Heraclitus captures in one memorable turn of phrase the paradox that the only thing that doesn't change, is that things change. Got that? Before you step into the river again, it has already changed, and so have you, whether you realize it or not. Same goes for stepping into Lane Stadium. (The ever fluctuating seating pecking order certainly "helps" with this insight.)
Change can happen so painstakingly, jurassically slow that we hardly notice it. Or it can seem to come far too late. Not a few of us have felt this way about the past decade of offensive incompetence or incompetent offense. Take your pick.
But let's move on. Sometimes we experience a game changing, season making, or program defining moment so suddenly and decisively that it lifts us into a (Lane) frenzy.
Or you might remember this.
It's been a long time since we've had one of those. I mean: that is positive. Perhaps Logan Thomas's trucking Myles Jack of UCLA is something to salvage from an otherwise horrific Sun Bowl.
Of course, we all know what happened to Logan shortly after that play -- an apt metaphor for the past decade of Virginia Tech offense. Or what it has felt like, at times, to watch it as a rabid, passionate fan.
Apparently UCLA still employs the Godfather principle: You plow over one of our guys, we concuss one of yours.
Here Heraclitus helps. Change is inevitable, even if it's not always for the better. Leal wasn't ready then. Enter Michael Brewer now. We'll see if he is.
How could the offense, and special teams for that matter, get much worse? Odds are both are going to bounce back this year. How big will the bounce be, though?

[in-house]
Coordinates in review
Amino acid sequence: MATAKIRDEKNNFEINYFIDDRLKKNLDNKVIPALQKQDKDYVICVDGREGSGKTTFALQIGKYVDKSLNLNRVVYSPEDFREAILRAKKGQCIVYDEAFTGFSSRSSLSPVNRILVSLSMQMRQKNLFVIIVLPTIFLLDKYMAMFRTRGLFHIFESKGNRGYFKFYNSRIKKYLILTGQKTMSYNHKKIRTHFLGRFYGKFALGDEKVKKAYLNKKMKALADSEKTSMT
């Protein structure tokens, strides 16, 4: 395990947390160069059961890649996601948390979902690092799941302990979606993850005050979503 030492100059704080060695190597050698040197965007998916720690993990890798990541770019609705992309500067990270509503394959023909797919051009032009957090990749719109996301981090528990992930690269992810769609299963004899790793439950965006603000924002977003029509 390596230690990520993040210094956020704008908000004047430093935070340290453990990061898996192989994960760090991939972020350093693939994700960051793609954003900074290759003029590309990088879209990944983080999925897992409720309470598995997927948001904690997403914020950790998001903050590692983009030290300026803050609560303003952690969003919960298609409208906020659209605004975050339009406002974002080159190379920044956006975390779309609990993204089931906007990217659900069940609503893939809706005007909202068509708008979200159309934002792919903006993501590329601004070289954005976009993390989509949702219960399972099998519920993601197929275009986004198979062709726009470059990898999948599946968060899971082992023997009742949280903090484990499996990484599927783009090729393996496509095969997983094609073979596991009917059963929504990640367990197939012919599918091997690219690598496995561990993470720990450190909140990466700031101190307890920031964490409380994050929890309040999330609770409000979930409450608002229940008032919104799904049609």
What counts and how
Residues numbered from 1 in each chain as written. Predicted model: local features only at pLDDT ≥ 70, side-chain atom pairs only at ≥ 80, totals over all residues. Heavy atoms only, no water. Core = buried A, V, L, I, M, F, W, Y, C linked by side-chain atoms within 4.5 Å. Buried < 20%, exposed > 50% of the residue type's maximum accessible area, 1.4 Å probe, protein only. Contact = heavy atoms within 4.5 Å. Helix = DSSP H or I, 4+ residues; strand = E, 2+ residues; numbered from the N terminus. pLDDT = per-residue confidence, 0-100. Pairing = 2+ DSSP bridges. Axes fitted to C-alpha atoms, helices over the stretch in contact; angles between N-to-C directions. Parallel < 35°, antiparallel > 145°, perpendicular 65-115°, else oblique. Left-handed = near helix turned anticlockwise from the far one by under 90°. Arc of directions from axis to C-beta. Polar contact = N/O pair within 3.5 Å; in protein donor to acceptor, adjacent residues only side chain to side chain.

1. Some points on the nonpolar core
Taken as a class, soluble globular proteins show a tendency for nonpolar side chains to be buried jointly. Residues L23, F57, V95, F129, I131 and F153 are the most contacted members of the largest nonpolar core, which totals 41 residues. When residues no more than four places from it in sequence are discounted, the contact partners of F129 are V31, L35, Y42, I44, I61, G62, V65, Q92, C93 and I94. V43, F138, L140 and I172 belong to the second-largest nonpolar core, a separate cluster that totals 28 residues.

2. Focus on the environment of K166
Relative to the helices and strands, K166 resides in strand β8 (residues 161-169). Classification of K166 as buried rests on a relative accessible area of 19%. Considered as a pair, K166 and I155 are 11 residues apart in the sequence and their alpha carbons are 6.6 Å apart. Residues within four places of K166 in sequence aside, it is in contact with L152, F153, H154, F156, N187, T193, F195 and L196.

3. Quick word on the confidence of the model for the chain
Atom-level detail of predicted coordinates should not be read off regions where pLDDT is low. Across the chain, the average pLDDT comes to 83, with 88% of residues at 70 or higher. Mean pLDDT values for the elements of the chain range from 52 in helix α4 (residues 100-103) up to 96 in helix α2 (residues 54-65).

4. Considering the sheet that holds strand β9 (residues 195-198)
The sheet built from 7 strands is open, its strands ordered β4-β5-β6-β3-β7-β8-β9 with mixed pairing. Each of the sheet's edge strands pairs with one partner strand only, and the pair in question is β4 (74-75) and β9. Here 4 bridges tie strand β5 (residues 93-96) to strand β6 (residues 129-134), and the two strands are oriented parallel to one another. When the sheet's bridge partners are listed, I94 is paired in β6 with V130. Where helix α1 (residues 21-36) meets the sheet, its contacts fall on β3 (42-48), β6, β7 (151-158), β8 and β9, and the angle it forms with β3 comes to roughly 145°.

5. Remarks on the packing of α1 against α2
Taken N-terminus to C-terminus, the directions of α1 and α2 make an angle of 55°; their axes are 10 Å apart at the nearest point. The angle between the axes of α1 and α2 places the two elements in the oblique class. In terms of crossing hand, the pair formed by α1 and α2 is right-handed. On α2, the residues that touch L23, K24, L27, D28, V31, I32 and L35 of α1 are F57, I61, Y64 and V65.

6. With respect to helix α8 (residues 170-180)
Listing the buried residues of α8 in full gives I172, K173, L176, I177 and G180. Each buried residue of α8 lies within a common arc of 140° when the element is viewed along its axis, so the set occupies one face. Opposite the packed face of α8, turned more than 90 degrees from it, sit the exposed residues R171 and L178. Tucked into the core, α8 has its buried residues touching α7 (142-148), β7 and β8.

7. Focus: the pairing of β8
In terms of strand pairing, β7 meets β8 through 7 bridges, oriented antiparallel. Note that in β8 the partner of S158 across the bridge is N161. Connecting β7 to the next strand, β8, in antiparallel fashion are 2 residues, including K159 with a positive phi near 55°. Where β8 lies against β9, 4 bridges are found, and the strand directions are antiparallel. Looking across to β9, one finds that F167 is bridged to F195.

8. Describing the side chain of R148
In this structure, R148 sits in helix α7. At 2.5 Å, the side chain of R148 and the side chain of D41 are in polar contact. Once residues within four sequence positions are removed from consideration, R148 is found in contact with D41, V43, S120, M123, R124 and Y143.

I think Frank Beamer is tired of hearing about the demise of Beamerball. We have talented, albeit untested, kickers, and a proven punter -- always a must for Virginia Tech to have a chance. Our return game should be spiced up by rookies with breakaway game speed and instincts, who want to contribute in some way.
Bottom line: We might be better than average on special teams. That would be progress. Even Beamerball evolves! (Darwin wins. Kidding.) There is hardly any way to be worse on offense.
The New River, it turns out, is the oldest river system on the continent, and second in age only to the Nile, across the world. That is ancient. Older than Bobby Bowden and Beamerball. Yet it's new to Michael Brewer.
It also flows northward.
As a lifelong fan of the New River and the Virginia Tech Football Team, I'm floored by the irony. We always choose the uphill path as well, the tough way to go. We are, after all, the home of the Lunch Pail Defense.
Those of us who have passionately followed this team long enough know the creeping suspicion that we prefer to beat our opponent without having to score an offensive touchdown. It's just "what we do." This must change. It will change, beginning Saturday.
Bud Foster finally has a worthy counterpart in Scot Loeffler.
It could be that we will actually matriculate the ball down the field this year. (RIP, Hank Stram.) Perhaps we'll even miss Frank's "Who farted?" look on the sideline, after the usual special teams gaffes.
If the defense doesn't have to carry the entire team, imagine what Bud might do. There's a better chance our defense will return to its historically exceptionally opportunistic ways.
Bud's defensive units usually are tough as nails and steady as a rock. I expect this edition to be salty and aggressive to boot. Where our coaching has been most dynamic, our play has been most consistent. Somehow that jibes with Heraclitus.
If you aren't optimistic now about the season, you may never get the chance to be, this year. At least not in this crazy, irrational way.
Life is hard. By comparison, Virginia Tech Football in the Fall is akin to floating down a river on a gorgeous sunny day. Enjoy the journey. Embrace the flux. We are underdogs again.
Note to reader: if you made it this far, thanks. Stay tuned as I work to get better at this.
Note to self: I dedicate these ramblings to my dad, Rudell Frazier, class of 1965. This is our family's first season without him. We miss you, Dad.